Latest Updates on the ISS: Expedition 70 Commences, Rubio Sets New Space Duration Record, Technical Glitches Occur, and Upcoming Extravehicular Activities

The International Space Station (ISS) has been facing a series of challenges in recent months, but the crew of Expedition 70 is determined to overcome them. After two crew handovers and technical issues such as a seized-up rotary joint and a coolant leak, the crew is now preparing for upcoming spacewalks. Let’s take a closer look at the recent events and what lies ahead for the ISS.

Expedition 70 officially began when the Soyuz MS-23 spacecraft departed from the Station on September 27. The crew members onboard, cosmonauts Sergey Prokopyev and Dmitry Petelin, along with NASA astronaut Frank Rubio, safely landed in Kazakhstan after an extended mission that lasted over a year instead of the planned six months. Rubio, in particular, set a new U.S. space endurance record, spending 371 days in space and becoming the first American to spend over one calendar year continuously in space.

Rubio’s journey to the ISS was his first flight to space. Born in Los Angeles and of Salvadoran descent, Rubio is a certified family physician, flight surgeon, and a former U.S. Army helicopter pilot and combat veteran. He joined NASA Astronaut Group 22 in 2017 and has made significant contributions to space exploration.

One of the major challenges faced by the ISS crew recently was a coolant leak on the Russian segment of the Station. The leak was discovered on the Nauka science module and was found to originate from one of its radiators. However, controllers have reassured that the primary thermal control circuit on Nauka is operating normally, and there is no danger to the crew or the Station. The leak has since ceased, and images taken by Expedition 70 commander Andreas Mogensen will be analyzed for further information.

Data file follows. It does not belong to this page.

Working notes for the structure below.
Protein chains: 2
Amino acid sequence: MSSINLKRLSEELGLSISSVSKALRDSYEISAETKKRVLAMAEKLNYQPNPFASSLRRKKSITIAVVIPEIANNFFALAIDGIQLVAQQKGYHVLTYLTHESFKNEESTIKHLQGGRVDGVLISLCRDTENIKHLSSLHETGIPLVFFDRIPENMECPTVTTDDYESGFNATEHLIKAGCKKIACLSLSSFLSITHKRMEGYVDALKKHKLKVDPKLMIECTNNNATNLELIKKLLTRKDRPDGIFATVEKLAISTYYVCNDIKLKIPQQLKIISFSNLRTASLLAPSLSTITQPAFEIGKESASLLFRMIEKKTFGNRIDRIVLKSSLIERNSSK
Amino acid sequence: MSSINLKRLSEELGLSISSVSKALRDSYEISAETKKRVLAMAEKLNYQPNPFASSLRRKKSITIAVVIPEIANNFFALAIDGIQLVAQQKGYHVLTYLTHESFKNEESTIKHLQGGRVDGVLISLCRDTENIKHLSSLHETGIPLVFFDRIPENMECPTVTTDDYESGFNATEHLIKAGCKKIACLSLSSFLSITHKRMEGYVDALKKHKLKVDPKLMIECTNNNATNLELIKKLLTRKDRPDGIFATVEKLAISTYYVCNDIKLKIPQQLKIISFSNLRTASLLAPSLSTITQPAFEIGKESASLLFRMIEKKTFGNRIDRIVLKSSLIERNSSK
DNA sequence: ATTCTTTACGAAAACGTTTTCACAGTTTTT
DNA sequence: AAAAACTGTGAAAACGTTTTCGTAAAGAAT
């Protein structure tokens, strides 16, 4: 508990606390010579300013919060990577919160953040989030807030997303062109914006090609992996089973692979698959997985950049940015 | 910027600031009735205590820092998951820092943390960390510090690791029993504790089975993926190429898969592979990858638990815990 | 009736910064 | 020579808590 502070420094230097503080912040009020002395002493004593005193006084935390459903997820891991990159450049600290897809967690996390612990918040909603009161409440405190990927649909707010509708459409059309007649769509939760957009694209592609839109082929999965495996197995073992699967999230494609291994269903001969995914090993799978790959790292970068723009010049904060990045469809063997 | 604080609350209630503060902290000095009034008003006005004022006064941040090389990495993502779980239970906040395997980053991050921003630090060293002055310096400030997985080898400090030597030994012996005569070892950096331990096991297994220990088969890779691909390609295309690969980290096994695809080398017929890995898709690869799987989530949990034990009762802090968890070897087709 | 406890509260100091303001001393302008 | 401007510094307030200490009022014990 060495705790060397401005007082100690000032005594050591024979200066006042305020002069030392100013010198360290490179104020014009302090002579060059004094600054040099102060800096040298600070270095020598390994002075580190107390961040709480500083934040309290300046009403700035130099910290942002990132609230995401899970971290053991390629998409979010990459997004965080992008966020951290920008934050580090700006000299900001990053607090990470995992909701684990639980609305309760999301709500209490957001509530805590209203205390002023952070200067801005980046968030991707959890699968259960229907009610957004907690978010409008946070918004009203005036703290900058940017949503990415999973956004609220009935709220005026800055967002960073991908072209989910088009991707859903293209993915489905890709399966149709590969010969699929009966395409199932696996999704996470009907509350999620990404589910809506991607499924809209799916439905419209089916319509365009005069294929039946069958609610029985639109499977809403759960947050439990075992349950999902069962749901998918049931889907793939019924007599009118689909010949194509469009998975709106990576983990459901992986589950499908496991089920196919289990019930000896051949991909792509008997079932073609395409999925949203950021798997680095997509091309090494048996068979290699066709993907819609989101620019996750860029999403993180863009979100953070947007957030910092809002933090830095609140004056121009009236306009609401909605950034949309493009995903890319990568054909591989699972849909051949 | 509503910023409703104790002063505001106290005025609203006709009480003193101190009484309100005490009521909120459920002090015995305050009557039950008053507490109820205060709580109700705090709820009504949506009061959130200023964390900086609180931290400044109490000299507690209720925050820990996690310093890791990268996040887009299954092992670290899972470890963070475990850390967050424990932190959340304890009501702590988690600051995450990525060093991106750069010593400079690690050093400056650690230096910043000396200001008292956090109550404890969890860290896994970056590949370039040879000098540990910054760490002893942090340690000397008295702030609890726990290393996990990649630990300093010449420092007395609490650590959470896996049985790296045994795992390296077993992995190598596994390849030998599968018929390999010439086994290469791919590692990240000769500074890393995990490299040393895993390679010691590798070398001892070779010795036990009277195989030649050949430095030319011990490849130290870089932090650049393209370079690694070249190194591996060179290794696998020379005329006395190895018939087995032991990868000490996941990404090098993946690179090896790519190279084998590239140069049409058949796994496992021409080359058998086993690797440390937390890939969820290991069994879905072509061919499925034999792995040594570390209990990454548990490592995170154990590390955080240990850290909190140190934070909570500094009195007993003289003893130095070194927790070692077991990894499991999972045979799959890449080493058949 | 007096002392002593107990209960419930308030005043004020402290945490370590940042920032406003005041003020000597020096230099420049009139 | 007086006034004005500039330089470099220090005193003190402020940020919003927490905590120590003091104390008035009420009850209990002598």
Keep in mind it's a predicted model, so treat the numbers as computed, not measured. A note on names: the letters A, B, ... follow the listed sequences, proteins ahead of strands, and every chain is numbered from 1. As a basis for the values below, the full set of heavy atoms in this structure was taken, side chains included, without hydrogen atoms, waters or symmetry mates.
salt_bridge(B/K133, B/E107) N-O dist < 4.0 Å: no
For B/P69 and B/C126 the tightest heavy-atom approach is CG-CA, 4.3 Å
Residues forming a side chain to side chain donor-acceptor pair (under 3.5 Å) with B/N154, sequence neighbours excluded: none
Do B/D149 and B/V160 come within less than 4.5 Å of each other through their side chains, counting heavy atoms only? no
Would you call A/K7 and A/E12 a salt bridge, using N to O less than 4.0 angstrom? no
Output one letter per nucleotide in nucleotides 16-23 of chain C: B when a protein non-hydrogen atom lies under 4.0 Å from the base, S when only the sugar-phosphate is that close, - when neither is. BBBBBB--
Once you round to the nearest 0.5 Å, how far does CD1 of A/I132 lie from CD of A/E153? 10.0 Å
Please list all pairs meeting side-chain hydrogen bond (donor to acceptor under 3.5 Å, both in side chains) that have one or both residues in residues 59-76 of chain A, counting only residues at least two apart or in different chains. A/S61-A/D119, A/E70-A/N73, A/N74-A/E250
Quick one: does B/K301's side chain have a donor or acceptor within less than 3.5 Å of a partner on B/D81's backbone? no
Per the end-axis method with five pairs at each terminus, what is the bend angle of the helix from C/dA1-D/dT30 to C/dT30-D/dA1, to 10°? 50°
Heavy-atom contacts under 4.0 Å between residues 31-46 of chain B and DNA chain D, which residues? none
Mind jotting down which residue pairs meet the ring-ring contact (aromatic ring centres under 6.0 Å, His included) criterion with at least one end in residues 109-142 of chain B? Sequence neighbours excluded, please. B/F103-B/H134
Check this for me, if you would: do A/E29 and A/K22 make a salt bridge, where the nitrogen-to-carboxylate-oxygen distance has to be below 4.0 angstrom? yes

While dealing with the coolant leak situation, the Expedition 70 crew has also been preparing for upcoming spacewalks. Russian EVA-61 is scheduled for October 25, during which cosmonauts Oleg Kononenko and Nikolai Chub will install a synthetic radar communications system, deploy a solar sail technology satellite, and replace electrical connector patch panels on the Russian segment of the Station. Following this, U.S. EVA-89 is scheduled for October 30, during which astronauts Jasmin Moghbeli and Loral O’Hara will remove an antenna electronics box and replace a trundle bearing assembly on the port solar array rotary joint (SARJ).

The SARJ plays a critical role in the operation of the Station, as it rotates the large solar arrays mounted to the truss. The loss of this capability would have a significant impact on Station operations. The Expedition 70 crew will be conducting repairs and replacements to ensure the continued functioning of the SARJ.

Alongside these challenges, the crew has been busy with various experiments and preparations for future missions. They have filled the Cygnus NG-19 S.S. Laurel Clark spacecraft with trash, worked on the Complement of Integrated Protocols for Human Exploration Research on Varying Mission Durations (CIPHER) suite of human health studies, and prepared for the launch of a SpaceX Cargo Dragon on the CRS-29 mission.

Despite the technical issues and setbacks faced by Expedition 70, the crew remains committed to their mission. They are determined to overcome these challenges and continue their important work aboard the ISS. With upcoming spacewalks and ongoing research, there is much to look forward to in the coming months for the crew of Expedition 70.